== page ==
I first heard of the Night Vale phenomenon via one of Shoshanah's tweets (thanks… I think!) and since my local library had all four books I picked them up and “devoured” them over the last week. Not all literature has to be serious and this collection of well over 1000 pages of lunacy is on the very silly end of that spectrum. Among the various characters in the series are: a group of “scientists” whose dubious experiments are interrupted by mysterious sinkholes, angels, a “glow cloud”, mysterious hooded figures, proselytes of The Joyous Congregation of the Smiling God, a PTA treasurer and her shape-shifting son, a very unhappy surveillance helicopter pilot, the Director of Emergency Press Conferences, various ‘Troys’ and, binding it all together—Cecil, the voice of the Night Vale Community Radio station. No conspiracy trope escapes skewering and the byplay between characters is often quite amusing. Welcome to Night Vale and It Devours! are novels; they take their own sweet time in developing but after awhile they pick up some momentum. The other books are scripts (transcribed podcasts with introductions) and episodic, allowing you to start or stop anywhere. Of the four books, I enjoyed It Devours the most. They are all baloney, albeit tasty baloney, so consider yourself warned.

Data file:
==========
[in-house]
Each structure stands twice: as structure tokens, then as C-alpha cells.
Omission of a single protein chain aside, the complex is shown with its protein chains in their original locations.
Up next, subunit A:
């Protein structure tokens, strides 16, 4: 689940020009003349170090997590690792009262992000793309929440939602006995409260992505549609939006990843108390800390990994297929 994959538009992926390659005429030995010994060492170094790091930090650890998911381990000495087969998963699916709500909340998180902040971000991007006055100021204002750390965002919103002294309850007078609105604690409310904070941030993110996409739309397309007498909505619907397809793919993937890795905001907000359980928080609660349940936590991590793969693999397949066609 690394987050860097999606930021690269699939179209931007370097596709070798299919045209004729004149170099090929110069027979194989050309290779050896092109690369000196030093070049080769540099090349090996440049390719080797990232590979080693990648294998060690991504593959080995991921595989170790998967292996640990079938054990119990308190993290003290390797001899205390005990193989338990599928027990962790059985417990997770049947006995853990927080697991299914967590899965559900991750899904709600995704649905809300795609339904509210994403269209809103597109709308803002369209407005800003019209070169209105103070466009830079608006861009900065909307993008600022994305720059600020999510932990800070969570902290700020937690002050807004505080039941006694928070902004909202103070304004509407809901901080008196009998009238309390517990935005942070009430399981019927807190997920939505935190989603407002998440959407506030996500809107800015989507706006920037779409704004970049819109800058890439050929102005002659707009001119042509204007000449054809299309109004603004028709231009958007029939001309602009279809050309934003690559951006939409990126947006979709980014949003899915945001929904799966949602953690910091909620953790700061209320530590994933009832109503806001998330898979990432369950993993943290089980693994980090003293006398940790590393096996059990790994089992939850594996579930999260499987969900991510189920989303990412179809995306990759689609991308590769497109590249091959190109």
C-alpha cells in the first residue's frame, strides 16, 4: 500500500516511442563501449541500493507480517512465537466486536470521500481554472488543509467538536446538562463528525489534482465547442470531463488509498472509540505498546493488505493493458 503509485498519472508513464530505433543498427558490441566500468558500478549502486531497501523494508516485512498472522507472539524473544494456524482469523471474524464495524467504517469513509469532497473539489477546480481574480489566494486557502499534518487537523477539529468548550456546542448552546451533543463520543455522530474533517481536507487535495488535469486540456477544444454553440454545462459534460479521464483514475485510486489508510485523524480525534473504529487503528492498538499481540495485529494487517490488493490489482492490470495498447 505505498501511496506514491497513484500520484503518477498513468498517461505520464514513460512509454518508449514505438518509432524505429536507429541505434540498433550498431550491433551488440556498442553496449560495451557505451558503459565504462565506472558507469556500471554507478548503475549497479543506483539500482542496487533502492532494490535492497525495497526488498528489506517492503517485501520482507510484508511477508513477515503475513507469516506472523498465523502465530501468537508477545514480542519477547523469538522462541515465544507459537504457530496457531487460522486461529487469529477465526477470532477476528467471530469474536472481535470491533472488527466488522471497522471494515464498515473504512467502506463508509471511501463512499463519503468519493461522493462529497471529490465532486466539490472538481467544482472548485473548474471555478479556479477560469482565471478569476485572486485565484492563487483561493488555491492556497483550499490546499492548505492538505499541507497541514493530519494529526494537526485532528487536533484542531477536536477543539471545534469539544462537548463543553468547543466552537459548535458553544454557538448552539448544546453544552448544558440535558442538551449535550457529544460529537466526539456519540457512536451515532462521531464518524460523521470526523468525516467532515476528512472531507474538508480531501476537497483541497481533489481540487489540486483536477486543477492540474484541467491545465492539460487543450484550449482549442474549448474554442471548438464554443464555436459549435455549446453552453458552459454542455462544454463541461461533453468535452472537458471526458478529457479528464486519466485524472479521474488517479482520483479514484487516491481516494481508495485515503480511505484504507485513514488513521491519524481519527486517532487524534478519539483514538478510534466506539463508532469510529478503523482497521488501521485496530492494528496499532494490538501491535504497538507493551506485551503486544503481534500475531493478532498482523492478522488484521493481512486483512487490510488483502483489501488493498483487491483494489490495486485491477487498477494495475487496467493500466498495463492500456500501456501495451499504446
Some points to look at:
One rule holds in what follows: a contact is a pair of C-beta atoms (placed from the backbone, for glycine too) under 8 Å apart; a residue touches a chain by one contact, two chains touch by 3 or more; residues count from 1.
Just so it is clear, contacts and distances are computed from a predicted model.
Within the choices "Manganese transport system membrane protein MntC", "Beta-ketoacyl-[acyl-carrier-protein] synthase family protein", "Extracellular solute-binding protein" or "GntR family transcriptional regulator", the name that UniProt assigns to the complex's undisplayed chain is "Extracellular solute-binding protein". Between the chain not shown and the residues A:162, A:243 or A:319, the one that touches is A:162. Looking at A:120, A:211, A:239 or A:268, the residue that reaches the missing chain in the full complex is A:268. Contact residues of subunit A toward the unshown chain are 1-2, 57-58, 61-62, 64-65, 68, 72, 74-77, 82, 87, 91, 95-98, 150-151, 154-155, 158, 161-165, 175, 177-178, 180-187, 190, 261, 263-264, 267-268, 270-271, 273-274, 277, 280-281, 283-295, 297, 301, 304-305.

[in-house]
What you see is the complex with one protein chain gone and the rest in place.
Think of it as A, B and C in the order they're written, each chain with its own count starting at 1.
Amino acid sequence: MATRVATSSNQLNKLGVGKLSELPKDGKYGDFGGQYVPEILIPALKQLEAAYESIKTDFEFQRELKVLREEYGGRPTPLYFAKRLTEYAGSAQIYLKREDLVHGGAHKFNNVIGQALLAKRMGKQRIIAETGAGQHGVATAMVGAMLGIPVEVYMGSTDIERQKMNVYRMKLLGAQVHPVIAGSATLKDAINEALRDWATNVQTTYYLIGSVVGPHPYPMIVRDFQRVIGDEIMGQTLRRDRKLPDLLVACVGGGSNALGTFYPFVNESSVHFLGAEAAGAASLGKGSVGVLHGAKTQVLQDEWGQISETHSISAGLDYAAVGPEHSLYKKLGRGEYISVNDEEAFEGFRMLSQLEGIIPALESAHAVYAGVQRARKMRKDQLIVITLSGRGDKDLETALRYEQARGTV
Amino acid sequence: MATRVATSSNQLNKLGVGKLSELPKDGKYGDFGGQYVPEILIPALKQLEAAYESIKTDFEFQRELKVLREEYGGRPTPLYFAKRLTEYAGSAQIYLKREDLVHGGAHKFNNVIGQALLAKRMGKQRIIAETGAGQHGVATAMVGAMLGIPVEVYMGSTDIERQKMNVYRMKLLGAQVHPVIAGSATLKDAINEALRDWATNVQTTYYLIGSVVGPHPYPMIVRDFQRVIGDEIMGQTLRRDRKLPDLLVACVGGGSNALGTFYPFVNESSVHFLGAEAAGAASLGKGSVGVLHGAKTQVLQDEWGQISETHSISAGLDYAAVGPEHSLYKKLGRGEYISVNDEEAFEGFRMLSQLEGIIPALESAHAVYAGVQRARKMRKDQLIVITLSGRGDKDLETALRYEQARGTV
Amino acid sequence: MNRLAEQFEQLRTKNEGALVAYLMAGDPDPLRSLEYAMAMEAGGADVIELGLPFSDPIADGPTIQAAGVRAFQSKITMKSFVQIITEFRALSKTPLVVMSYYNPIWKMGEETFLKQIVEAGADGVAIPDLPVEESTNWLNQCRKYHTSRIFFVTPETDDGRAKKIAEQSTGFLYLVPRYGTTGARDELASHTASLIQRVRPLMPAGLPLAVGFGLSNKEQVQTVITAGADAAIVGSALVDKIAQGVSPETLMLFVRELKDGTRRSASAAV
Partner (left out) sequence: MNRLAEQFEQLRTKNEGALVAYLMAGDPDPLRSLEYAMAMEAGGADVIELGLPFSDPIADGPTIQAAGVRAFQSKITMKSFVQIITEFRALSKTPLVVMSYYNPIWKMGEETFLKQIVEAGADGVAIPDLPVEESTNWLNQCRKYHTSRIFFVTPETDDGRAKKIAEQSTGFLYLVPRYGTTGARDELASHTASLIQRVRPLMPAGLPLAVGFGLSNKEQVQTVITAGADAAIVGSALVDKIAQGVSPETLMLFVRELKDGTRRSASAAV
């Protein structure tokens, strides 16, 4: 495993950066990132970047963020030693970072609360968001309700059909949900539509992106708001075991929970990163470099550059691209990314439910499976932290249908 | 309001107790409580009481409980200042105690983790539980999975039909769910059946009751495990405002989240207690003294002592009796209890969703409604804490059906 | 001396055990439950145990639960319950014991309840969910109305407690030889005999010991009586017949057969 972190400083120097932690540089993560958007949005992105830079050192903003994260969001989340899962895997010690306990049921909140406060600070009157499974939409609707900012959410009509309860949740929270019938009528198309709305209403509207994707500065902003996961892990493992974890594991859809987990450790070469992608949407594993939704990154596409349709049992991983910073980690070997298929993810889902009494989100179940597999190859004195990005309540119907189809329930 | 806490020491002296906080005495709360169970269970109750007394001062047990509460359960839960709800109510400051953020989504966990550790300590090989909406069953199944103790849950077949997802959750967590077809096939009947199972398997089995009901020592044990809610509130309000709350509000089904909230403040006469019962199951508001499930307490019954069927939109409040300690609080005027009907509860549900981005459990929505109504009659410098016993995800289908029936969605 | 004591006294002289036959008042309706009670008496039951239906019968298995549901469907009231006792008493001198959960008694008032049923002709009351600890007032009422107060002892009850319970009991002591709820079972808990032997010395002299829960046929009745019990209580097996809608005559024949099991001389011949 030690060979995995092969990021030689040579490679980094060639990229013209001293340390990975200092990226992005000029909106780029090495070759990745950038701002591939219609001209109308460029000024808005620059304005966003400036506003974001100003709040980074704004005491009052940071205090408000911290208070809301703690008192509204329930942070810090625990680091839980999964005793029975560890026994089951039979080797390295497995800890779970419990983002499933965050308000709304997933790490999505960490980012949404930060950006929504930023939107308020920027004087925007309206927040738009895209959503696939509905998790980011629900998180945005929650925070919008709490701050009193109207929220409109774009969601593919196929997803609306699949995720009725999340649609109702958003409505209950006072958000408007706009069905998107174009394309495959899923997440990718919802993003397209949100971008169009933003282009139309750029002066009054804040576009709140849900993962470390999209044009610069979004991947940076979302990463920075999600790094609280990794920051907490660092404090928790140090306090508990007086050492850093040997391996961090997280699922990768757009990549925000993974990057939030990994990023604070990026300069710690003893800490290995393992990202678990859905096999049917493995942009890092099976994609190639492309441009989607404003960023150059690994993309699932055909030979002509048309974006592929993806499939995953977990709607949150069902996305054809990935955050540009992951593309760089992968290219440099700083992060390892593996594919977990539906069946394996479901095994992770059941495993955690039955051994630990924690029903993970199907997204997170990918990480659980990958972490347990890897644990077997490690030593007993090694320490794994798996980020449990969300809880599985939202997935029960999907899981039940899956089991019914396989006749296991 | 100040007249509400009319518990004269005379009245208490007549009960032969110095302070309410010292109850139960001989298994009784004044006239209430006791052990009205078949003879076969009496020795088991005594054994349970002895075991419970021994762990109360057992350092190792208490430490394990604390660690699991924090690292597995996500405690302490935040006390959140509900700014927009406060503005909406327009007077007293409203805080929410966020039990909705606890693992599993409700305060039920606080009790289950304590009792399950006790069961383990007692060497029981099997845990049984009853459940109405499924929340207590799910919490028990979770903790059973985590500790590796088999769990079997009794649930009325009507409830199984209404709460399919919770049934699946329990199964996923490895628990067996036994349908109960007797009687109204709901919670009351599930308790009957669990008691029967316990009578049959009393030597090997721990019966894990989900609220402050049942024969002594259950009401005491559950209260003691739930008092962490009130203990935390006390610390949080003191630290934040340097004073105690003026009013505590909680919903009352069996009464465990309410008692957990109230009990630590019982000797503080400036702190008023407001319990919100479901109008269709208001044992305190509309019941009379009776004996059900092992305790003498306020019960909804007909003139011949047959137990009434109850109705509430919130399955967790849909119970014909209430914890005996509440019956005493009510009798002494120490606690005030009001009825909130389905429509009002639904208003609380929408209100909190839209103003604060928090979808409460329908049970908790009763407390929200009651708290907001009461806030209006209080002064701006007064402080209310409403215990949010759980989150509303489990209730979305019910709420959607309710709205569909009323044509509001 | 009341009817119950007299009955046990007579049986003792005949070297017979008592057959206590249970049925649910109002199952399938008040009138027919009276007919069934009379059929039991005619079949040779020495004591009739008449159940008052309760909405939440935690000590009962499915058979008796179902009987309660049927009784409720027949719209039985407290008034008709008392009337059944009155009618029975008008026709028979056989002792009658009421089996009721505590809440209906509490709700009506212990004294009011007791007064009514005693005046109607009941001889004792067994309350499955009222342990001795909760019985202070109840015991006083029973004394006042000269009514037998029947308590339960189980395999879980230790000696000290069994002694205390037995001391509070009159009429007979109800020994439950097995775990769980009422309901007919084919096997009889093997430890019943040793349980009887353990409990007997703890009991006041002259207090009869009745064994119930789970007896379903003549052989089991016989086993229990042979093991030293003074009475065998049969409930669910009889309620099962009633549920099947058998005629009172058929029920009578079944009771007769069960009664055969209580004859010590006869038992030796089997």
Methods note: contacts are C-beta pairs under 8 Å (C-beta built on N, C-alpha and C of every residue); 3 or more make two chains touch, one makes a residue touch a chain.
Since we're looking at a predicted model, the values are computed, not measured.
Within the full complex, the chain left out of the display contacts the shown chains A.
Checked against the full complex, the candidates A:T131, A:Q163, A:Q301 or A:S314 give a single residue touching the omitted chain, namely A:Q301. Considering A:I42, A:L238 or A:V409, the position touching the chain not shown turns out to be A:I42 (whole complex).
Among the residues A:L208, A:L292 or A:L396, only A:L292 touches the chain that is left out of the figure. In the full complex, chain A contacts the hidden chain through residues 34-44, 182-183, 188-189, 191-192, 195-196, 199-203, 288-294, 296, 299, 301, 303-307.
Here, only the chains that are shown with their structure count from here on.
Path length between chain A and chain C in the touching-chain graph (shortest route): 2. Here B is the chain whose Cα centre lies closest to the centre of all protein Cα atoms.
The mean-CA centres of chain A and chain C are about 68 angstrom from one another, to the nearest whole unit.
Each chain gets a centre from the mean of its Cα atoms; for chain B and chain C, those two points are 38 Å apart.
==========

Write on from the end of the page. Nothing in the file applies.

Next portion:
These books grew out of the wildly successful Night Vale podcast series (which I had also never heard of), a modern equivalent of old radio serials, i.e., “The Theater of the Mind.” They are also available on YouTube. After reading both novels and browsing the transcriptions, I think that none of them are quite as effective as the podcasts. Those podcasts should, ideally, be listened to late at night, while driving through a trackless desert with a hitch-hiking drifter you picked up in the middle of nowhere sitting beside you. The drifter’s name is Vic. Vic is smoking a cigarette. A light in the sky hovers just ahead of you, then vanishes.  You say, “Did you see that, Vic?” But Vic doesn’t say anything. His cigarette burns down to his fingers. You take it from him and put it in the ash tray. “Those things will kill you, ” you say, but you know it’s a lie… because Vic is already dead.

By Professor Batty


Comments: 8